Leonard Cohen: I'm Your Man (2005)
Leonard Cohen: For many years, I was known as a monk, I shaved my head and wore robes, got up very early. I hated everyone but I acted generously, and no one found me out. My reputation as a ladies man was a joke. It caused me to laugh bitterly through the 10,000 nights I spent alone.
Leonard Cohen: Sometimes, when you no longer see yourself as the hero of your own drama, expecting victory after victory, and you understand deeply that this is not paradise... somehow we're, especially the privileged ones that we are, we somehow embrace the notion that this veil of tears, that it's perfectable, that you're going to get it all straight. I've found that things became a lot easier when I no longer expected to win.
Leonard Cohen: [explaining his song, "The Traitor"] It was about the feeling that we have of betraying some mission that we were mandated to fulfill, and being unable to fulfill it. And then coming to understand that the real mandate was not to fulfill it, and that the deeper courage, was to stand guiltless in the predicament in which you found yourself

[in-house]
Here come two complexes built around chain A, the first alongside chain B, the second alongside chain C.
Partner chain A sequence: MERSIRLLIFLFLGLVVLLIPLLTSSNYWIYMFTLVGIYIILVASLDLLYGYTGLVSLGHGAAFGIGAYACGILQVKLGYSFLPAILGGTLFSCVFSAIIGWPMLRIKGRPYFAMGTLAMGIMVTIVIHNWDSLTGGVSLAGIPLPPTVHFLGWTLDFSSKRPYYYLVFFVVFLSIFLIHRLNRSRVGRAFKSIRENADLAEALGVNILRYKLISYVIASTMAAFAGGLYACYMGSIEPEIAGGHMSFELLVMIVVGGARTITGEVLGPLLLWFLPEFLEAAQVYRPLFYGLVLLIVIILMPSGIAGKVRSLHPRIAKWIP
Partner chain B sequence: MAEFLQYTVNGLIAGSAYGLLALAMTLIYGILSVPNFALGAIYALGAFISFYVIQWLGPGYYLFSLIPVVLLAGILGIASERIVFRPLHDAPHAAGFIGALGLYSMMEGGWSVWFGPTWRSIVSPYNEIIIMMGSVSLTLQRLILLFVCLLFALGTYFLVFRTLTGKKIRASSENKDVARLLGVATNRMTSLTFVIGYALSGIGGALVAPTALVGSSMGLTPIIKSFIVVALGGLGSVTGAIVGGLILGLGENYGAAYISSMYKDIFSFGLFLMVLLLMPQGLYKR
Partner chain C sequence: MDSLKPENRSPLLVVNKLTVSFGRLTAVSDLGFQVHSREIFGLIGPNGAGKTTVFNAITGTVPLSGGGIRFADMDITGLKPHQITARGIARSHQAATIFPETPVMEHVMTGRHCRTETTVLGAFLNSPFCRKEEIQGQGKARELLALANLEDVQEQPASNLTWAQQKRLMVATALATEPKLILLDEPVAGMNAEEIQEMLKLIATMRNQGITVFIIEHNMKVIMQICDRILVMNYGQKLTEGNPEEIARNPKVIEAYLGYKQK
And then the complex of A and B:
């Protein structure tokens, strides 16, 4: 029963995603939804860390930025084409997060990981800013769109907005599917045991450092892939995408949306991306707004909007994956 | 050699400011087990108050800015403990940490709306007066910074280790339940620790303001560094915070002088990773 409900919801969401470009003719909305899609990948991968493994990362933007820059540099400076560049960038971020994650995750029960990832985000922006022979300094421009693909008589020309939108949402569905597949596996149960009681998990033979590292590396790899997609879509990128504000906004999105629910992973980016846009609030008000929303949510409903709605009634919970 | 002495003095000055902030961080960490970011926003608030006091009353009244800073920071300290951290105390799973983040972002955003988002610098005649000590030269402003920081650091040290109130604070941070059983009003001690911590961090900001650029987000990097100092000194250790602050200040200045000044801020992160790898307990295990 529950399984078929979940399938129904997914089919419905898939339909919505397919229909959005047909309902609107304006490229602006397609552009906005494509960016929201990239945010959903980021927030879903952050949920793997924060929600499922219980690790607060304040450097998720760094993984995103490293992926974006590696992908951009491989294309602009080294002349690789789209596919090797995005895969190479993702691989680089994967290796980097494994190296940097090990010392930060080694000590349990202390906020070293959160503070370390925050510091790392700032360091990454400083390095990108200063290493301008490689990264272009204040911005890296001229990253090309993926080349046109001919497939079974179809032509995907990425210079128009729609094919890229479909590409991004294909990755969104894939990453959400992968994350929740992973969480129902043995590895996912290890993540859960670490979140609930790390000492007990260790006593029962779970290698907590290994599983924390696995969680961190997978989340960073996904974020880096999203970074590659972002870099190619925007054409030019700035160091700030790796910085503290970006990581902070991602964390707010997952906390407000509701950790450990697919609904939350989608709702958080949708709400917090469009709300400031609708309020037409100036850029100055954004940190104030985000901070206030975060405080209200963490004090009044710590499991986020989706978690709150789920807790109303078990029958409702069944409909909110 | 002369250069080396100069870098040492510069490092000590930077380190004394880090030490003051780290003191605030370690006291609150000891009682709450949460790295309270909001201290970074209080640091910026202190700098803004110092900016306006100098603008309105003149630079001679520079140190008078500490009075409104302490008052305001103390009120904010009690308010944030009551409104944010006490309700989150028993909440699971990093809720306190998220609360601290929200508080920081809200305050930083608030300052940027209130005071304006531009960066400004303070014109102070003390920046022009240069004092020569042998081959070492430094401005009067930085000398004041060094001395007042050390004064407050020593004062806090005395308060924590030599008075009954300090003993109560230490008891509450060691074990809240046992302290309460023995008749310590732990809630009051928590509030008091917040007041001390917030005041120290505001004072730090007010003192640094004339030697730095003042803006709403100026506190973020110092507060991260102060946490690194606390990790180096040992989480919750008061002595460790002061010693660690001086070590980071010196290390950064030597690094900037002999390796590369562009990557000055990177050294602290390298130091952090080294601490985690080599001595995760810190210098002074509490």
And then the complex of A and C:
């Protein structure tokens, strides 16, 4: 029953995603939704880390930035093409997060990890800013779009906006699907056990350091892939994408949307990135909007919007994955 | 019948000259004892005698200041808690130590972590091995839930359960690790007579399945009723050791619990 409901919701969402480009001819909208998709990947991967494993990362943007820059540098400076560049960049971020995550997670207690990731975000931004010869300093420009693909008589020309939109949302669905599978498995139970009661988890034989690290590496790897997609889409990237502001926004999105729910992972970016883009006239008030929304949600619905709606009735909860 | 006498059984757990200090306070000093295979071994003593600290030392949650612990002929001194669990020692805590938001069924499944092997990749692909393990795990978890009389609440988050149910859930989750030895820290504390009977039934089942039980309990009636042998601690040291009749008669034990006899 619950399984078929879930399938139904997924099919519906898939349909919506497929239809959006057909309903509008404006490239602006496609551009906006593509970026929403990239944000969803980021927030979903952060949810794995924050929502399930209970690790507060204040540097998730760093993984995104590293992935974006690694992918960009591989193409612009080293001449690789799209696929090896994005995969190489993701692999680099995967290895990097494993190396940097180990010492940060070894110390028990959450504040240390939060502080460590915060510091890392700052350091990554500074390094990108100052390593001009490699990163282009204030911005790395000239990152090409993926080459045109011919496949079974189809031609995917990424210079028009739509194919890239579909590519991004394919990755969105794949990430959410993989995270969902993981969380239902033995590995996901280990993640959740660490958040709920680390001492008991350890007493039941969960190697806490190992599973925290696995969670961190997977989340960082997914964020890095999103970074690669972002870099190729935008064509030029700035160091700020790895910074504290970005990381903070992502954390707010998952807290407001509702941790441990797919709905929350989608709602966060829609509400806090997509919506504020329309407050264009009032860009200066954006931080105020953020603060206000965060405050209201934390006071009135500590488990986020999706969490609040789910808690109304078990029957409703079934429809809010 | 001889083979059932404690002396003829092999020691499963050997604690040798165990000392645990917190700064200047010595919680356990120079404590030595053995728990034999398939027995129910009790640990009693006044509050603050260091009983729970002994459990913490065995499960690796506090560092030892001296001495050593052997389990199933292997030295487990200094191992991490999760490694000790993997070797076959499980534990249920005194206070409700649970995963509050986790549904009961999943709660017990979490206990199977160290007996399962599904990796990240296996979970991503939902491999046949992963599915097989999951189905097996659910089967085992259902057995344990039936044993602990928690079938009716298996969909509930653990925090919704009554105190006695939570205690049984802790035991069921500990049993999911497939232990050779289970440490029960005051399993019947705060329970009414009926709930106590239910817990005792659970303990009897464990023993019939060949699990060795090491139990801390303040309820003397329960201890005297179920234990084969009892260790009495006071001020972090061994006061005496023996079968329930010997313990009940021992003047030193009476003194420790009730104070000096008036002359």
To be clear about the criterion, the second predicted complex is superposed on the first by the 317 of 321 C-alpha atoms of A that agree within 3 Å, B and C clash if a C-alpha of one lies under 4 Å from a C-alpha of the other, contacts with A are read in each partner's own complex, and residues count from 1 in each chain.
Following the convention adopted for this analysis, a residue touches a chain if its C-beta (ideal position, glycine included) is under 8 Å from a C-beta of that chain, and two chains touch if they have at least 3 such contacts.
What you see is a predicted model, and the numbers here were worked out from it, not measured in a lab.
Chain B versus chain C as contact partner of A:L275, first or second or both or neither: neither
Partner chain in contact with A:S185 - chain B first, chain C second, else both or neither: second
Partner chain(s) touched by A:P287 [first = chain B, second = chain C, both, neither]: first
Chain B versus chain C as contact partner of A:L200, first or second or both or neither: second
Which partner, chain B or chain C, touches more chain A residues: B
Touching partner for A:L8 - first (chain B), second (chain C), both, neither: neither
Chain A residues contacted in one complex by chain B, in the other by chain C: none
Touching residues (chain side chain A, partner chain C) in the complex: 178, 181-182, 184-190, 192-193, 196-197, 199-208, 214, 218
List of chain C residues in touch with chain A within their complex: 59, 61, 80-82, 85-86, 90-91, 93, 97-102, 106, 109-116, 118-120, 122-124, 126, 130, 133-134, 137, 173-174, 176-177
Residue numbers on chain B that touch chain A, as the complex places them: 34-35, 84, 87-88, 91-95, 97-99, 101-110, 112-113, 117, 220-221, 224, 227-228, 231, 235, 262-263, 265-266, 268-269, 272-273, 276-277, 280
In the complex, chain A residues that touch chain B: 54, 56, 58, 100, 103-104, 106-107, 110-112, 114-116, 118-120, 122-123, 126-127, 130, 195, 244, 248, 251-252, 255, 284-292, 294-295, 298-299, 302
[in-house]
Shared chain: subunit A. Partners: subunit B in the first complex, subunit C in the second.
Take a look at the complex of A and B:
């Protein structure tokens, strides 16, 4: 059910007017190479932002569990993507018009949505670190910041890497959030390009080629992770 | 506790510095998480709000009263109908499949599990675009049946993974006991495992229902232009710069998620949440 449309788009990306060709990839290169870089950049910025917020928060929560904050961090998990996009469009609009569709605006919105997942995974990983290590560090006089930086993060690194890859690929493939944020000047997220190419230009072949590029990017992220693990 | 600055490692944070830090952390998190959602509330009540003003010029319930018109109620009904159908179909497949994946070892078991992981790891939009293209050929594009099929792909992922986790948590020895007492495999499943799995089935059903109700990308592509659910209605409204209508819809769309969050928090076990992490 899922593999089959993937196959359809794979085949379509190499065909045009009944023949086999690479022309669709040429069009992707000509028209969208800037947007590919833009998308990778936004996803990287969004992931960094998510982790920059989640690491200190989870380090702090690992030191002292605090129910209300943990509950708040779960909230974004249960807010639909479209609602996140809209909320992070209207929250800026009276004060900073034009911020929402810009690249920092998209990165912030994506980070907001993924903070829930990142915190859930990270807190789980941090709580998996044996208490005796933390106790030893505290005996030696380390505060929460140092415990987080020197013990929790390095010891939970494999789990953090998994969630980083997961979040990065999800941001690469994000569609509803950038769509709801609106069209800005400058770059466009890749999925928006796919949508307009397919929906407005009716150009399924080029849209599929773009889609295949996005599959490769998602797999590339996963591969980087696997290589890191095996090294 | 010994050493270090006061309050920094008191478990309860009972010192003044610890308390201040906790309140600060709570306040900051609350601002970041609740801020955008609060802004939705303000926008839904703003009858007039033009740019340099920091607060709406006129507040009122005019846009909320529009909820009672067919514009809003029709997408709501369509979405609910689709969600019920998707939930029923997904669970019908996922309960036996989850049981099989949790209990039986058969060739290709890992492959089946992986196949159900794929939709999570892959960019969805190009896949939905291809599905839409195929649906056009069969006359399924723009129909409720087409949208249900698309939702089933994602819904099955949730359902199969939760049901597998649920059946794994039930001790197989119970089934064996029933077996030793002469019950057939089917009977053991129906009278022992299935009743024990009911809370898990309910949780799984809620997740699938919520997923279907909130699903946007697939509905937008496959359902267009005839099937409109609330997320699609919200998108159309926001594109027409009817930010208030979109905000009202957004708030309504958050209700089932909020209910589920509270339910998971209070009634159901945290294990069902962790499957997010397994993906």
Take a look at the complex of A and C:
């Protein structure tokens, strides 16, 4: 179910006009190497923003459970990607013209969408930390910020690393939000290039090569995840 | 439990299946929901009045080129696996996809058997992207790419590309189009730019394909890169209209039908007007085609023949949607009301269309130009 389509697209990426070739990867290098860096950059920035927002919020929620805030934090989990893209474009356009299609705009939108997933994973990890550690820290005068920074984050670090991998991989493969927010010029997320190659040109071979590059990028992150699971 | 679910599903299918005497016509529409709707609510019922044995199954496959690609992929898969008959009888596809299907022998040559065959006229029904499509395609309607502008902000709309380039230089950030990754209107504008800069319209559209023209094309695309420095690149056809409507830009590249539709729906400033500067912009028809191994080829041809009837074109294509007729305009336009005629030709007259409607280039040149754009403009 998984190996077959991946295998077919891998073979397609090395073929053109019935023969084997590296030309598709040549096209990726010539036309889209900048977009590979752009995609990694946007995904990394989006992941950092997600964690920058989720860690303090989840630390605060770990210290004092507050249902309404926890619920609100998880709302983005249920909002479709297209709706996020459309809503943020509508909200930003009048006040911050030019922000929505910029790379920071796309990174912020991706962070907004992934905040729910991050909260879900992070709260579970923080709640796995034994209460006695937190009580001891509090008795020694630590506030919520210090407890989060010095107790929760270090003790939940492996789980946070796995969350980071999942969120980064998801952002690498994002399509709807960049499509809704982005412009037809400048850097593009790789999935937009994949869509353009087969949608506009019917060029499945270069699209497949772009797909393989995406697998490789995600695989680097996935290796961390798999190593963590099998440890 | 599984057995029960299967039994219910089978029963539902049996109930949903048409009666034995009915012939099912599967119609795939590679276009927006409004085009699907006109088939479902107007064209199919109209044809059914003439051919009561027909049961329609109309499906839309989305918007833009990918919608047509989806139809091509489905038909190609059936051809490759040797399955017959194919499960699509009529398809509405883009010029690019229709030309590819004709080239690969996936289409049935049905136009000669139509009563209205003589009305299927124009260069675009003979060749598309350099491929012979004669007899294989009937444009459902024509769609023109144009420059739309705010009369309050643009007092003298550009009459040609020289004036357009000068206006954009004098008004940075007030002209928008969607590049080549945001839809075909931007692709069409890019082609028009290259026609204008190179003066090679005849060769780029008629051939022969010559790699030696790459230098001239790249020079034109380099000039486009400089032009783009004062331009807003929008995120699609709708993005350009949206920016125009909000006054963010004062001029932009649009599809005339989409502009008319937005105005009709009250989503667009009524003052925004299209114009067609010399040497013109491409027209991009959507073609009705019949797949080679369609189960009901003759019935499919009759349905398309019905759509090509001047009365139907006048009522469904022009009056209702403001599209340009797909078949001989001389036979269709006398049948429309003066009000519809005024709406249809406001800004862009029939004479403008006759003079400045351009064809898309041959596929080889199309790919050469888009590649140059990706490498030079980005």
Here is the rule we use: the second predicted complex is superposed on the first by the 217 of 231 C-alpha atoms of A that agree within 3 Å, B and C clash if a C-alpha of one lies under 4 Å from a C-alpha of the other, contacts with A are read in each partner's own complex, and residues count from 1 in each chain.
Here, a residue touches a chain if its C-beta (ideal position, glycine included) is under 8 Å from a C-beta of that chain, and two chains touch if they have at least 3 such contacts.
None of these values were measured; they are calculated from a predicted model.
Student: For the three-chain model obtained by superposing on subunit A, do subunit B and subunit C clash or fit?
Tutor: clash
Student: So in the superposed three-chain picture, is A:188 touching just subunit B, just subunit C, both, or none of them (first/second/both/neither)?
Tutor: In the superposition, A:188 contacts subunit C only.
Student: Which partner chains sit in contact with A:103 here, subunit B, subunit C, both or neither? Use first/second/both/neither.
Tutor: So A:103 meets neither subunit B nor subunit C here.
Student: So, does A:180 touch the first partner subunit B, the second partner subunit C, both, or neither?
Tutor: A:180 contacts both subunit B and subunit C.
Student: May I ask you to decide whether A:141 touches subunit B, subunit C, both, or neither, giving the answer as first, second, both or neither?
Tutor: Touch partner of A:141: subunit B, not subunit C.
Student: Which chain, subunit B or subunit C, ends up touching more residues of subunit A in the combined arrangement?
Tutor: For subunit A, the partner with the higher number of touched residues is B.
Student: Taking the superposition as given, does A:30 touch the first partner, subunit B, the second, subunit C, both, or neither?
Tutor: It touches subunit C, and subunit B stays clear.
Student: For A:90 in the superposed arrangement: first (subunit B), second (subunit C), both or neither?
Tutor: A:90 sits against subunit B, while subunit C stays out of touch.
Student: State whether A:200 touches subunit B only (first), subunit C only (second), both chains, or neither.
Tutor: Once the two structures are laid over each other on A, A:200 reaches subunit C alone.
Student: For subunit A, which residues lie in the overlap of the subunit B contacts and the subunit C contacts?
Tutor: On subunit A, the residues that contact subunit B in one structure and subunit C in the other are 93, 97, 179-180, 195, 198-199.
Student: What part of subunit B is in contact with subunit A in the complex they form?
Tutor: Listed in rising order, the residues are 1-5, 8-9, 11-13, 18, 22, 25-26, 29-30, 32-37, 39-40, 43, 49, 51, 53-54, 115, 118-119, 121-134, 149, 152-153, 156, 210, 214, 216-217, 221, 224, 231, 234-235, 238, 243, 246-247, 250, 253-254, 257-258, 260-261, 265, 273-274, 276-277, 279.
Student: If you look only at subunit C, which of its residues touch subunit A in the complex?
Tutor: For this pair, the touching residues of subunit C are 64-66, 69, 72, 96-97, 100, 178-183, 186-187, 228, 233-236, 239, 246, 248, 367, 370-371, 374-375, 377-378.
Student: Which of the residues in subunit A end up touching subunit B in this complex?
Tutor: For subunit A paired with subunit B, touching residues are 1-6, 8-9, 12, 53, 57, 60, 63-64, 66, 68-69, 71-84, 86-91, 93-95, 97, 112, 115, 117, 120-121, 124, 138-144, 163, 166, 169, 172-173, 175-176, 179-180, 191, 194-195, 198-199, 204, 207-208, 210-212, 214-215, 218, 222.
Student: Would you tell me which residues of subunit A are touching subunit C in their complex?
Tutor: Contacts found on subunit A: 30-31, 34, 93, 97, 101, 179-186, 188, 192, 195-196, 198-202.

Leonard Cohen: There is a beautiful moment in the Bhagavad Gita Arjuna. The general. The great general. He's standing in his chariot. And all the chariots are readied for war. And across the valley, he sees his opponents. And there he sees not just uncles and aunts and cousins, he sees gurus, he sees teachers that have taught him; and you know how the Indians revere that relationship. He sees them. And Krishna, one of the expressions of the deity, says to him, "you'll never untangle the circumstances that brought you to this moment. You're a warrior. Arise now, mighty warrior." With the full understanding, that they've already been killed, and so have you. "This is just a play. This is my will. You're cuaght up in the circumstances that I determine for you. That you did not determine for yourself. So, arise, you're a noble warrior. Embrace your destiny, your fate, and stand up and do your duty."